The digitalization of information has been a hot topic ever since the arrival of the computer. The internet must be the world’s biggest library by now. Never before the enormous amount of information that can be found on the web has been accessible from one spot. The biggest argument for maintaining the printed word has always been the discomfort of reading from a computer screen. With the arrival of digital reading technologies such as e-readers this problem is about to be overcome. The Kindle, the amazon E-reader was sold out in five and a half hours after it’s introduction in 2007. The e-book is definitely becoming more and more popular.
I started thinking about this topic again after reading an article in a Dutch magazine called Vrij Nederland about the new public library in Amsterdam. The article is called zoeken naar betekenis, which means: searching for meaning . The article is about the role of the library in our modern age. With the above mentioned advance of the e-book and other digital information recourses the classical role of the library is becoming old fashioned and maybe even redundant. The reading-room and lending desk, the definitions of a classic library, are becoming less important to the visitors. What elements of a public library can still draw people to a library?
Adaption to the needs of the modern individual is the key. Frank Huysmans (in zoeken naar betekenis) claims libraries need to present themselves as information experts. There should be intelligent meta information systems, which include every kind of information about a subject. For example: a person is searching for music by The Doors, when searching inside the system he or she will find cd’s, but also movies, documentaries and books about The Doors. Why would this be better than searching on the internet? According to Huysmans libraries can offer more complete and better balanced information, because the information has been verified and isn’t driven by commercial interests.
This sounds promising, but people are becoming more and more accustomed to searching for information on the Internet on their personal computers, the information presented in a library might be slightly better, but is this reason enough to get you out of your house and into a library? The creators of the new public library in Amsterdam also seemed to have their doubts, because they allocated all sorts of other entertaining (and commercial) elements inside the library. Inside the library there’s a fancy Italian restaurant, a high profile coffeebar and lunchroom. Also the library organises readings, exhibitions and so on. A public library with all these elements is way more than a simple collection of information, the library is starting to become a social meeting point.
The question is: is this a bad thing? I tend to think it isn’t. Of course all of the above mentioned changes mean a decrease in the amount of books for loan. This means a loss of the classical intellectual vibe which comes to mind when thinking about a public library. The possibility to stroll trough a wood of bookshelves in complete silence is becoming history. This is a shame, but is also a necessary deficiency. There’s simply no need for such a wood of physical books anymore. Instead the library is becoming a meeting point and not just an ordinary meeting point! It’s a (to some extent) non- commercial meeting point which combines the possibility of a social get together with an enormous amount of information.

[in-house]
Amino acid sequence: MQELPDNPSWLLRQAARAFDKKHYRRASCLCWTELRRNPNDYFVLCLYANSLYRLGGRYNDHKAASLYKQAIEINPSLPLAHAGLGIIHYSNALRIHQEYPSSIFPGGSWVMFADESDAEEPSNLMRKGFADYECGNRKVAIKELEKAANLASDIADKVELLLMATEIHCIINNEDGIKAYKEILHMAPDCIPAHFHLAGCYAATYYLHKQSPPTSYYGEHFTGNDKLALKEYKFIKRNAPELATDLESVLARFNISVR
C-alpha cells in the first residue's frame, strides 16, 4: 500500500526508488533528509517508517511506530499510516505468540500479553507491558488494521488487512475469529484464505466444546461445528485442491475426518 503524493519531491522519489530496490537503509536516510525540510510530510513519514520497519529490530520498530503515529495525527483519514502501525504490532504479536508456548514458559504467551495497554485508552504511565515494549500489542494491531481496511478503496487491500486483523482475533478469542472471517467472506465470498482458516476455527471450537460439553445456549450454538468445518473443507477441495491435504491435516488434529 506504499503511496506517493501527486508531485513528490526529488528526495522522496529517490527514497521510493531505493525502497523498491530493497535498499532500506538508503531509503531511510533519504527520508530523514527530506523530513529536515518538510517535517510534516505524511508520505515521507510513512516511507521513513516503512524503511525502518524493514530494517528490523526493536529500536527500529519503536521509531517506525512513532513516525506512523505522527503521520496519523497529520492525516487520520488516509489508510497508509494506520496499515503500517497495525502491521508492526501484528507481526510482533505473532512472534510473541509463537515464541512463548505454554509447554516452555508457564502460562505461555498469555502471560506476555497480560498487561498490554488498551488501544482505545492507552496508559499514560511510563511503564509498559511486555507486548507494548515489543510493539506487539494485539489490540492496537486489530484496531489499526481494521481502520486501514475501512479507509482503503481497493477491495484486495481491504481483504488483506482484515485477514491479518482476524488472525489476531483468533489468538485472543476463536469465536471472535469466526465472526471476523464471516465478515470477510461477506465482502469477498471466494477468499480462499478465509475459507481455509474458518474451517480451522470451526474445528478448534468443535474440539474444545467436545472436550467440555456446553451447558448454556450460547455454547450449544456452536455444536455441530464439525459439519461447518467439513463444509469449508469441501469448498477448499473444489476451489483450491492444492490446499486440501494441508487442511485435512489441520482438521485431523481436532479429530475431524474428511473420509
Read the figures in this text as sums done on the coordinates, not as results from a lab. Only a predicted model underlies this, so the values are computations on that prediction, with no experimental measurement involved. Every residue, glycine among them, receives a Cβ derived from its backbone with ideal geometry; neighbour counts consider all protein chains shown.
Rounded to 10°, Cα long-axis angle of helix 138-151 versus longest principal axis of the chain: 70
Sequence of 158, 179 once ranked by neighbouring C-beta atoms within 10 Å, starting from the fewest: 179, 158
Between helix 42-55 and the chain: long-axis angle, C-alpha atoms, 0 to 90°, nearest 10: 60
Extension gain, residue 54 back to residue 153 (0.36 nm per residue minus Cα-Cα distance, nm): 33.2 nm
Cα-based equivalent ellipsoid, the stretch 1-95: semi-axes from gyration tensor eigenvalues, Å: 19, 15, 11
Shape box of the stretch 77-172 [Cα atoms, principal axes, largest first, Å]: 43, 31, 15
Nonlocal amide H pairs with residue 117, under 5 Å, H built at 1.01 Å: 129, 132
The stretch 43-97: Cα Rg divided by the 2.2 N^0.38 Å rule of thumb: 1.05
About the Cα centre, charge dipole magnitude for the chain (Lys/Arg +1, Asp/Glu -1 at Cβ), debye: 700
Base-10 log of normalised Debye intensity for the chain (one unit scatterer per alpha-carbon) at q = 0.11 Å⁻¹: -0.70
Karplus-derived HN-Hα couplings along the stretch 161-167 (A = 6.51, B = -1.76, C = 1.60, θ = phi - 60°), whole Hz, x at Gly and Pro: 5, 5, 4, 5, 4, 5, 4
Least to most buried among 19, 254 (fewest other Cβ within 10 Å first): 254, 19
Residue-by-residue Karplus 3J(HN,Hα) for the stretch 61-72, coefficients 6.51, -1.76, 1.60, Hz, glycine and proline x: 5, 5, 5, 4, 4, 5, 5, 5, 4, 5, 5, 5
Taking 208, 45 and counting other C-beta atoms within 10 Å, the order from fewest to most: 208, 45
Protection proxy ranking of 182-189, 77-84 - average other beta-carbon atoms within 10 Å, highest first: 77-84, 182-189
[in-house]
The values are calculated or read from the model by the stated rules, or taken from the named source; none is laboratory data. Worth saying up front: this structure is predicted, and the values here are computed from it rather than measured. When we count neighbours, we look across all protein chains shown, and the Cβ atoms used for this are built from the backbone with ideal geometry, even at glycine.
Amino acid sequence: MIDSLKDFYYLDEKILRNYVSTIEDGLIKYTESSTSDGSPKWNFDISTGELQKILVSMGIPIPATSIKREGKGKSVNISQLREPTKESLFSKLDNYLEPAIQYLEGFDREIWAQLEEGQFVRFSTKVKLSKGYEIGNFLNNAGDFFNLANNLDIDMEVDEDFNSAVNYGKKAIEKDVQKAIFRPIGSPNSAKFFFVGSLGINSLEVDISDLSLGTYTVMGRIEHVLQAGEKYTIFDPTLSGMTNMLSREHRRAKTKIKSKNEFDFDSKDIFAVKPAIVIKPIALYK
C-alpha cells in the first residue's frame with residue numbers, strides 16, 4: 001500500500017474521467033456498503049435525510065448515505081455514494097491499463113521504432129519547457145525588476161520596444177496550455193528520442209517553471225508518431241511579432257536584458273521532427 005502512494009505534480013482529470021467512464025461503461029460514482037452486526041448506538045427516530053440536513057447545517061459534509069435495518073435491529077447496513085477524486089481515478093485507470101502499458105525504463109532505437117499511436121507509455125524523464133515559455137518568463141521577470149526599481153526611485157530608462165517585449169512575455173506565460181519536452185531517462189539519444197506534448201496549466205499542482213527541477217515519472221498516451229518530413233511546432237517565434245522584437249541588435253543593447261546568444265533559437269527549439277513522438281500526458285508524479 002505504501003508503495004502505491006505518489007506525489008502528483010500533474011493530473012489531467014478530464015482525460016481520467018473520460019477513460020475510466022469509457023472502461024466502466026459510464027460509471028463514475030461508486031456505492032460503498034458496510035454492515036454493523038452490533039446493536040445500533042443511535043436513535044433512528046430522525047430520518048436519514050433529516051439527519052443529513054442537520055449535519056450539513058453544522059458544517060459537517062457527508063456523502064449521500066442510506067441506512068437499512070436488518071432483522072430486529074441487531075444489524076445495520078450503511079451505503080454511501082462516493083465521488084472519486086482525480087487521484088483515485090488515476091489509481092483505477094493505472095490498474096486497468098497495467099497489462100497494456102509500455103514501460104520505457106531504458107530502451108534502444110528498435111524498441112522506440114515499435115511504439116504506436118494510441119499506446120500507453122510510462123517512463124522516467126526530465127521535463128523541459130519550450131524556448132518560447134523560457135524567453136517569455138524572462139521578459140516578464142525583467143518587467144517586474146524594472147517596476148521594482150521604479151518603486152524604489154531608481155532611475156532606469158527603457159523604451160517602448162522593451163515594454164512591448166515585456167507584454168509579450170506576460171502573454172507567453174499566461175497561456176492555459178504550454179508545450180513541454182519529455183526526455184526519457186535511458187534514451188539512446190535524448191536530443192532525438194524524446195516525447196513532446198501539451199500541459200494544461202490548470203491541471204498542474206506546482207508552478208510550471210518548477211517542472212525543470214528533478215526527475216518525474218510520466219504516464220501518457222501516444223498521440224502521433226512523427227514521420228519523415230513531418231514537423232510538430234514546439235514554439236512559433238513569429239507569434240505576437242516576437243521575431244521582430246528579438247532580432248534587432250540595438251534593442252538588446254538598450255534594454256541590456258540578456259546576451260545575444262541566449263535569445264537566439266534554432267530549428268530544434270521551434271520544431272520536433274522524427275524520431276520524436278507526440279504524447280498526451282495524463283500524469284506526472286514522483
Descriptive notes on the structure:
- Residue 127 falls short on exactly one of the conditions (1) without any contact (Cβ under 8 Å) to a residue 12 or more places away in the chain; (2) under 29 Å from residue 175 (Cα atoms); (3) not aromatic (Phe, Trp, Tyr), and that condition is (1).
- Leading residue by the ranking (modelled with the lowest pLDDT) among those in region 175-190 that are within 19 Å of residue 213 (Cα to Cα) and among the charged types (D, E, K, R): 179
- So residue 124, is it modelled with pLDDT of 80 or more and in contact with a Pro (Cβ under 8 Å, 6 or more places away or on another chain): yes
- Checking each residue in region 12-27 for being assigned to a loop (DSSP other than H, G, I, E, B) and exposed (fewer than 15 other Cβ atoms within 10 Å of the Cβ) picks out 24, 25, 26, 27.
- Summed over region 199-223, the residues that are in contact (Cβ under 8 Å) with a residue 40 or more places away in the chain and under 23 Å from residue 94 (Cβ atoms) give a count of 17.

This is where the public sphere comes in. Jurgen Habermas introduced the notion of the public sphere in his book: the structural transformation of the public sphere in 1962.
In the culture characterized by Öffentlichkeit (public sphere), there occurred a public space outside of the control by the state. Inside this public sphere individuals exchanged views and knowledge. In Habermas’s view, the growth in newspapers, journals, reading clubs, Masonic lodges, and coffee-houses in 18th century Europe, all in different ways, marked the gradual replacement of “representational” culture with Öffentlichkeit culture. Before the emergence of the public sphere European culture had been dominated by a “representational” culture, where one party sought to represent itself on its audience by overwhelming its subjects The public sphere offered an opportunity for non restricted discussion and deliberation. As noted before the public sphere relied on physical places where people could socially encounter in the discussion of politics and knowledge.
In our modern individualistic society, the importance of the public sphere is decayed. According to Habermas this is due to the growth of commercial mass media, which turned the critical public into a passive following herd, and to the rise of the welfare state, which ‘merged the state with society so thoroughly that the public sphere was squeezed out’.
When thinking about the modern public library I keep on thinking about the 18th century coffee houses, Habermas speeks so highly about. The combination of a social meeting point and the huge amount of information on offer, sounds like a perfect combination to re-instigate the discussion of politics and knowledge as a basis for a modern public sphere. The only problem is the libraries strong ties with the government, which according to Habermas have been a public sphere killer. Still I think a modern library is a perfect starting point for instigating the public debate on a more intellectual level. I don’t now whether it can be considered a starting point for a modern public sphere, but a modern library sure sound like a perfect place for the exchange of views and knowledge.
 Kaan, M (2009) Zoeken naar betekenis. Vrij Nederland. Nr 31 pp 56-59
 Habermas, Jürgen (1962 trans 1989) The Structural Transformation of the Public Sphere: An Inquiry into a category of Bourgeois Society, Polity, Cambridge.